Sunday, July 16, 2006

Renal Artery Stenosis-Anatomical Distribution

"Focal Renal Artery stenosis in their study group was distributed as follows 25% main renal artery, 50% 2nd order branch, 12.5% 3rd order branch, and 12.5% accessory renal artery. They concluded Hypertensive children without comorbid conditions who have RAS usually have single, focal branch artery stenoses. This distribution supports angiography in these patients because of its superior sensitivity in detecting branch vessel disease and its therapeutic role in percutaneous transluminal renal angioplasty."

3 comments:

d said...

Help me understand this. These are children who have already been diagnosed with RAS (with a captopril MAG3 scan? I've never done one on a child, but I'm also limited to a rural hospital's population), and this renal angiogram is just to identify which artery is stenosed? I'm fascinated with all modalities of radiology, but so far I've only made it to Nuclear Medicine school.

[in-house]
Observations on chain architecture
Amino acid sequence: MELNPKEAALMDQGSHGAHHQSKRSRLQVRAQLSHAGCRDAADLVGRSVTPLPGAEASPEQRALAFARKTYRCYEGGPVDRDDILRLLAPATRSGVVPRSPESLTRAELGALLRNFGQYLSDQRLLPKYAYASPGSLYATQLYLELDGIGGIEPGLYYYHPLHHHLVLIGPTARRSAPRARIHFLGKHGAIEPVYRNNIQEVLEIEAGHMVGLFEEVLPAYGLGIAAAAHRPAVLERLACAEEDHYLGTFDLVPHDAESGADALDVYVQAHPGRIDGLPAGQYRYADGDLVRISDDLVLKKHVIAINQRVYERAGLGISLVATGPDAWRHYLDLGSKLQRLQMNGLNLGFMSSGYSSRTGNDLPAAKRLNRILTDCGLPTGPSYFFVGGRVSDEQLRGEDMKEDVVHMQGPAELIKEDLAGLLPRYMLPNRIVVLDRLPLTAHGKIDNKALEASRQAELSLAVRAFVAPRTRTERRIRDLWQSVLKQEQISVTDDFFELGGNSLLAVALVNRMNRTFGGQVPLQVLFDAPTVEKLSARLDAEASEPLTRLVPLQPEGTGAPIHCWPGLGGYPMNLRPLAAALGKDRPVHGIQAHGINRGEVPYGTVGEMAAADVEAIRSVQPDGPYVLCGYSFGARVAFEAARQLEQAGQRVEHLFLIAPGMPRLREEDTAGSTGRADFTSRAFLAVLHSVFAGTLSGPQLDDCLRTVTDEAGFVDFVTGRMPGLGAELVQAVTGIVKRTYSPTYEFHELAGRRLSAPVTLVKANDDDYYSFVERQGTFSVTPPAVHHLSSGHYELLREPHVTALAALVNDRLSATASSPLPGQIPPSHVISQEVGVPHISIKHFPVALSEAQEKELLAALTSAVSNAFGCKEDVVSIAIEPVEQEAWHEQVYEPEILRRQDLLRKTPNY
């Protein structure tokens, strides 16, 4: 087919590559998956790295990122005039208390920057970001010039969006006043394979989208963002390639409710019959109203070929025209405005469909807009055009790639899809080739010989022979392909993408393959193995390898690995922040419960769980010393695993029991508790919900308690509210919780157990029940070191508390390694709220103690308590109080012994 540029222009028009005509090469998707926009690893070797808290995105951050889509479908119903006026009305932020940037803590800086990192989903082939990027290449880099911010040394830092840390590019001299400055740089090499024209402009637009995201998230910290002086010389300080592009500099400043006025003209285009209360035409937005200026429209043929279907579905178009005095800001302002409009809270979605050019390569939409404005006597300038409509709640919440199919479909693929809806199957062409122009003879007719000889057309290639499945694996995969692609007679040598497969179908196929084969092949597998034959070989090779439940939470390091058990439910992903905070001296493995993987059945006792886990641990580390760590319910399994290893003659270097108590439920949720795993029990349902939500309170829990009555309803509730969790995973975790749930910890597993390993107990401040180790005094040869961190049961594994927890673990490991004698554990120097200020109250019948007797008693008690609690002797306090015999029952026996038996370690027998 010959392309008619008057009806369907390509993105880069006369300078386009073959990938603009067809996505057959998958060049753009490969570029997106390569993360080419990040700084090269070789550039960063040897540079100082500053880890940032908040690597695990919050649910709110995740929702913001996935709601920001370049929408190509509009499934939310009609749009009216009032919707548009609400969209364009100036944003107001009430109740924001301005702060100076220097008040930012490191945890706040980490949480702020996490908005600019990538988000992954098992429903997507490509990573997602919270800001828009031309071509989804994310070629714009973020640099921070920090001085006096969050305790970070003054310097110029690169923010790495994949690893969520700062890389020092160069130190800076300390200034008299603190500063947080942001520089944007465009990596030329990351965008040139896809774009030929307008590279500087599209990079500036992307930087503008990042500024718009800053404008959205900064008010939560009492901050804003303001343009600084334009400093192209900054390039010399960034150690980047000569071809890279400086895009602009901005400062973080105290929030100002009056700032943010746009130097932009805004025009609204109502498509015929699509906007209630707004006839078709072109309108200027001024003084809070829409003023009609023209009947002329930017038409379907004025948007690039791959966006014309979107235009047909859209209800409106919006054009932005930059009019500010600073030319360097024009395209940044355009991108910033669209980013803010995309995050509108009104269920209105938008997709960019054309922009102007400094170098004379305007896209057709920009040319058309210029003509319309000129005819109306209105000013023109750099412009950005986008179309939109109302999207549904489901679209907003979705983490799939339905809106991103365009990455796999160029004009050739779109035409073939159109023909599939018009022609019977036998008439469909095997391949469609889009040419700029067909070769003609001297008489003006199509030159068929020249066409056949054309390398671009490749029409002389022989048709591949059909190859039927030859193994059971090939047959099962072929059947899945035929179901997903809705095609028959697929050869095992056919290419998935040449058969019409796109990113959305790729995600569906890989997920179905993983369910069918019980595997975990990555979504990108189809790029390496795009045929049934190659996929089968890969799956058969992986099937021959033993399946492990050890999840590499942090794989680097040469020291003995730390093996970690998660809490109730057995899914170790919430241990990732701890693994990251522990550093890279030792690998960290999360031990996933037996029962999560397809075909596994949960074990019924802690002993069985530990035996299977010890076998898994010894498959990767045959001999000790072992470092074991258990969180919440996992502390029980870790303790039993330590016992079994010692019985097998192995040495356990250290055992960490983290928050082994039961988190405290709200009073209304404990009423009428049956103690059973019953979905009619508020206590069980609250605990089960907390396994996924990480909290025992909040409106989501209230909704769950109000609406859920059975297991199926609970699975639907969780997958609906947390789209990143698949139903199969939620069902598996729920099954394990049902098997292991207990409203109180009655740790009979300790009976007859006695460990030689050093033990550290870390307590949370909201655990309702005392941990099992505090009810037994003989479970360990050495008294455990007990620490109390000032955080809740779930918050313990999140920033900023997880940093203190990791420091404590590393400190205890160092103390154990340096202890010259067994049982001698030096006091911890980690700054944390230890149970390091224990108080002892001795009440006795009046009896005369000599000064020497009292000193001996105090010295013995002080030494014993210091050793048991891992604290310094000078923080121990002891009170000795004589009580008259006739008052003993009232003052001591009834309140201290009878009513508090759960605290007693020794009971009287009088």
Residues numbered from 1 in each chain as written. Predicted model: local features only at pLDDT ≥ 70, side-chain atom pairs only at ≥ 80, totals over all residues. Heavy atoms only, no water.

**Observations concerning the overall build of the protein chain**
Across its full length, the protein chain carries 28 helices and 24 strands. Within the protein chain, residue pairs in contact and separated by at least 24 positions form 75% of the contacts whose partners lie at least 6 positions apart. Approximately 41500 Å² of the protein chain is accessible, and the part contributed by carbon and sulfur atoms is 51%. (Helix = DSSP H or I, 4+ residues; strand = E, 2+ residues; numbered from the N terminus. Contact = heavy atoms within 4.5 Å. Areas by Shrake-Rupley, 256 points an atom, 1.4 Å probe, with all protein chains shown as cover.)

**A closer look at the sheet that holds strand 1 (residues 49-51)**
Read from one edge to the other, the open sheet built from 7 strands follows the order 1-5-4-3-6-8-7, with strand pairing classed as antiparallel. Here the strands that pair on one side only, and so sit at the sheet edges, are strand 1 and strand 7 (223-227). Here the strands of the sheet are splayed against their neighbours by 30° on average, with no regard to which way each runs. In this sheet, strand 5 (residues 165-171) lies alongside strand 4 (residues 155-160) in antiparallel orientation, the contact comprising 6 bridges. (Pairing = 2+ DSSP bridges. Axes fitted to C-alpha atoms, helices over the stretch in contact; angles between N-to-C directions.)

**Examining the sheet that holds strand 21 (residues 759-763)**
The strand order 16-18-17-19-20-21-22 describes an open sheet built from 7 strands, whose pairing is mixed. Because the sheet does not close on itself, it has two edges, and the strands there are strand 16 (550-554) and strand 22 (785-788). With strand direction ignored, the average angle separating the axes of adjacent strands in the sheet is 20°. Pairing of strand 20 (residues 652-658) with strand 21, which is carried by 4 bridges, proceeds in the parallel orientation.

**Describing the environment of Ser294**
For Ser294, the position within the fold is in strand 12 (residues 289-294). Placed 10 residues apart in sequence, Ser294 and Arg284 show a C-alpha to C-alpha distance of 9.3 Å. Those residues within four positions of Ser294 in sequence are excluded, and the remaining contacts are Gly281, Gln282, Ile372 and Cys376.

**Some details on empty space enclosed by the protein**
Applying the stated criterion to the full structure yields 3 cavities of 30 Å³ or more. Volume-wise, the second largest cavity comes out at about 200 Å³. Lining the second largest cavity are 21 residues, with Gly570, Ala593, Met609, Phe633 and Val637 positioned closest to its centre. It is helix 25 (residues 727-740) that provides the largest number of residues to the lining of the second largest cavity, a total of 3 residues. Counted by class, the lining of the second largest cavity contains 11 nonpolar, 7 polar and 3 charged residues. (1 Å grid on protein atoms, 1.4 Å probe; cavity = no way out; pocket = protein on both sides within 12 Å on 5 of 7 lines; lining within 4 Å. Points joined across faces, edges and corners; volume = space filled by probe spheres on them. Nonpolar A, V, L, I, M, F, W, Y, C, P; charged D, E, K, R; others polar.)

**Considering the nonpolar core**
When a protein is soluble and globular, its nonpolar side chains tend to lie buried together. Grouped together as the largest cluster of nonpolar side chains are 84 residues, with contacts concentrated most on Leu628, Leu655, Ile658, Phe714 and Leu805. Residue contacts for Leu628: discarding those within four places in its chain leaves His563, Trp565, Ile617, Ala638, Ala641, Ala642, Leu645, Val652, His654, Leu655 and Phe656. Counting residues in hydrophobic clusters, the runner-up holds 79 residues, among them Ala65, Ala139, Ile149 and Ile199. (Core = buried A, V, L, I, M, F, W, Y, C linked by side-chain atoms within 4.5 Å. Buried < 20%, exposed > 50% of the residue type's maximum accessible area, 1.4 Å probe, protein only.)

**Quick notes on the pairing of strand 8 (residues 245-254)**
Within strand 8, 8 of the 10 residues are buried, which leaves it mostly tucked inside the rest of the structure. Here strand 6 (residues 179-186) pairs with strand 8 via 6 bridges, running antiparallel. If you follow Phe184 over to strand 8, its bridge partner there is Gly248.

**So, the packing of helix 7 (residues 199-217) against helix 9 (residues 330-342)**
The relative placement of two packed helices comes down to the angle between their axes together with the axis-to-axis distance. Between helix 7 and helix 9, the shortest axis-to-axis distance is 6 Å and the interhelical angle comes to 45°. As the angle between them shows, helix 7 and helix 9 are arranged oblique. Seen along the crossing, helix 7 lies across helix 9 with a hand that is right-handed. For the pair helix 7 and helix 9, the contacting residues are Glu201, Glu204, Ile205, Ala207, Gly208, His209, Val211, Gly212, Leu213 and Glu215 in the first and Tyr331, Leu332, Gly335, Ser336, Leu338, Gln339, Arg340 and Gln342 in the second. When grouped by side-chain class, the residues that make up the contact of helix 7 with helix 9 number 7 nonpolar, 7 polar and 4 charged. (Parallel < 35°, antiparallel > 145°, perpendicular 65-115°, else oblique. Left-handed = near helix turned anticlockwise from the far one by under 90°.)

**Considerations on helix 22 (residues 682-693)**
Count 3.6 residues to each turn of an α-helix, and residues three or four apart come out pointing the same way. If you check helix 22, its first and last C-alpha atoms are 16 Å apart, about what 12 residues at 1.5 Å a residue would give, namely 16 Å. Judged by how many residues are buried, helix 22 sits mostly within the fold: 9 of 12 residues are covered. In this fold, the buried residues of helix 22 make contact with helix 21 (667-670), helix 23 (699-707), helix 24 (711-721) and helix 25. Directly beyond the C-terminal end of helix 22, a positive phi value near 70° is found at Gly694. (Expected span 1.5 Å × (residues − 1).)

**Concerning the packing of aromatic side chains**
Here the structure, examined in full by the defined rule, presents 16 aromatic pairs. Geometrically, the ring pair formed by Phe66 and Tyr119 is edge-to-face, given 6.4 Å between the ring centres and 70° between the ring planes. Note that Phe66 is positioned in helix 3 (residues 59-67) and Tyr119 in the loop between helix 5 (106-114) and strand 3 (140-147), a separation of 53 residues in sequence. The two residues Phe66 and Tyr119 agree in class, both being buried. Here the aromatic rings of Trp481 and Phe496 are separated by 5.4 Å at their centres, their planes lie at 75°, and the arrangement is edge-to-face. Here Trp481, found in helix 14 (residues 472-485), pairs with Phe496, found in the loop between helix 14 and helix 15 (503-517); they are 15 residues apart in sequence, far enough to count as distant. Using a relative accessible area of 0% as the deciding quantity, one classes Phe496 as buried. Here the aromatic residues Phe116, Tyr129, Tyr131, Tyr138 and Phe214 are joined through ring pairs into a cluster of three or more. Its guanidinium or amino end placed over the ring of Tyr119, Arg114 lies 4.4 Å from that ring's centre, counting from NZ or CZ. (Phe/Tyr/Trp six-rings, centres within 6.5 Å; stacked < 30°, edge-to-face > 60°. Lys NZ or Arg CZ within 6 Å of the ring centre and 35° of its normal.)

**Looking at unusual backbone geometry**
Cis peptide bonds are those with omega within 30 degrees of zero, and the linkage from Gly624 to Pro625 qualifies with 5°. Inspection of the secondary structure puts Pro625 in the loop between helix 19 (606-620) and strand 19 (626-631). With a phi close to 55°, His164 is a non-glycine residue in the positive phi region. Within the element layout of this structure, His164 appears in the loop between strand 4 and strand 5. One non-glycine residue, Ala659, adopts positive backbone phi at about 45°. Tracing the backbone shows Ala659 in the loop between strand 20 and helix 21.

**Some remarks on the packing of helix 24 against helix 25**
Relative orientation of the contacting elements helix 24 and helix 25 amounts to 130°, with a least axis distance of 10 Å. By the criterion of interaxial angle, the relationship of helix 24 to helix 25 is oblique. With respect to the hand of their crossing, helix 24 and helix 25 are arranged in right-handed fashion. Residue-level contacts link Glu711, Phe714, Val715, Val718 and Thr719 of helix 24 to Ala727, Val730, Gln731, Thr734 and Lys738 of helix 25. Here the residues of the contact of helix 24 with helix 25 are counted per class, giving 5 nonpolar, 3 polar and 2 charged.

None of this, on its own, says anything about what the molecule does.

Sumer's Radiology Site said...

captopril mag3 scan is a screening test for RAS but it has poor senstivity for branch vessel stenosis which is being emphasized in this study that majority of the anatomical location of narrowing is in branch vessels hence the role of angiography as the primary test is exemplified.. also with angiography u can add angioplasty as an add on procedure and it can be curative also!!

d said...

You radiologists always want to get rid of our easiest exams and give them to another modality ;)

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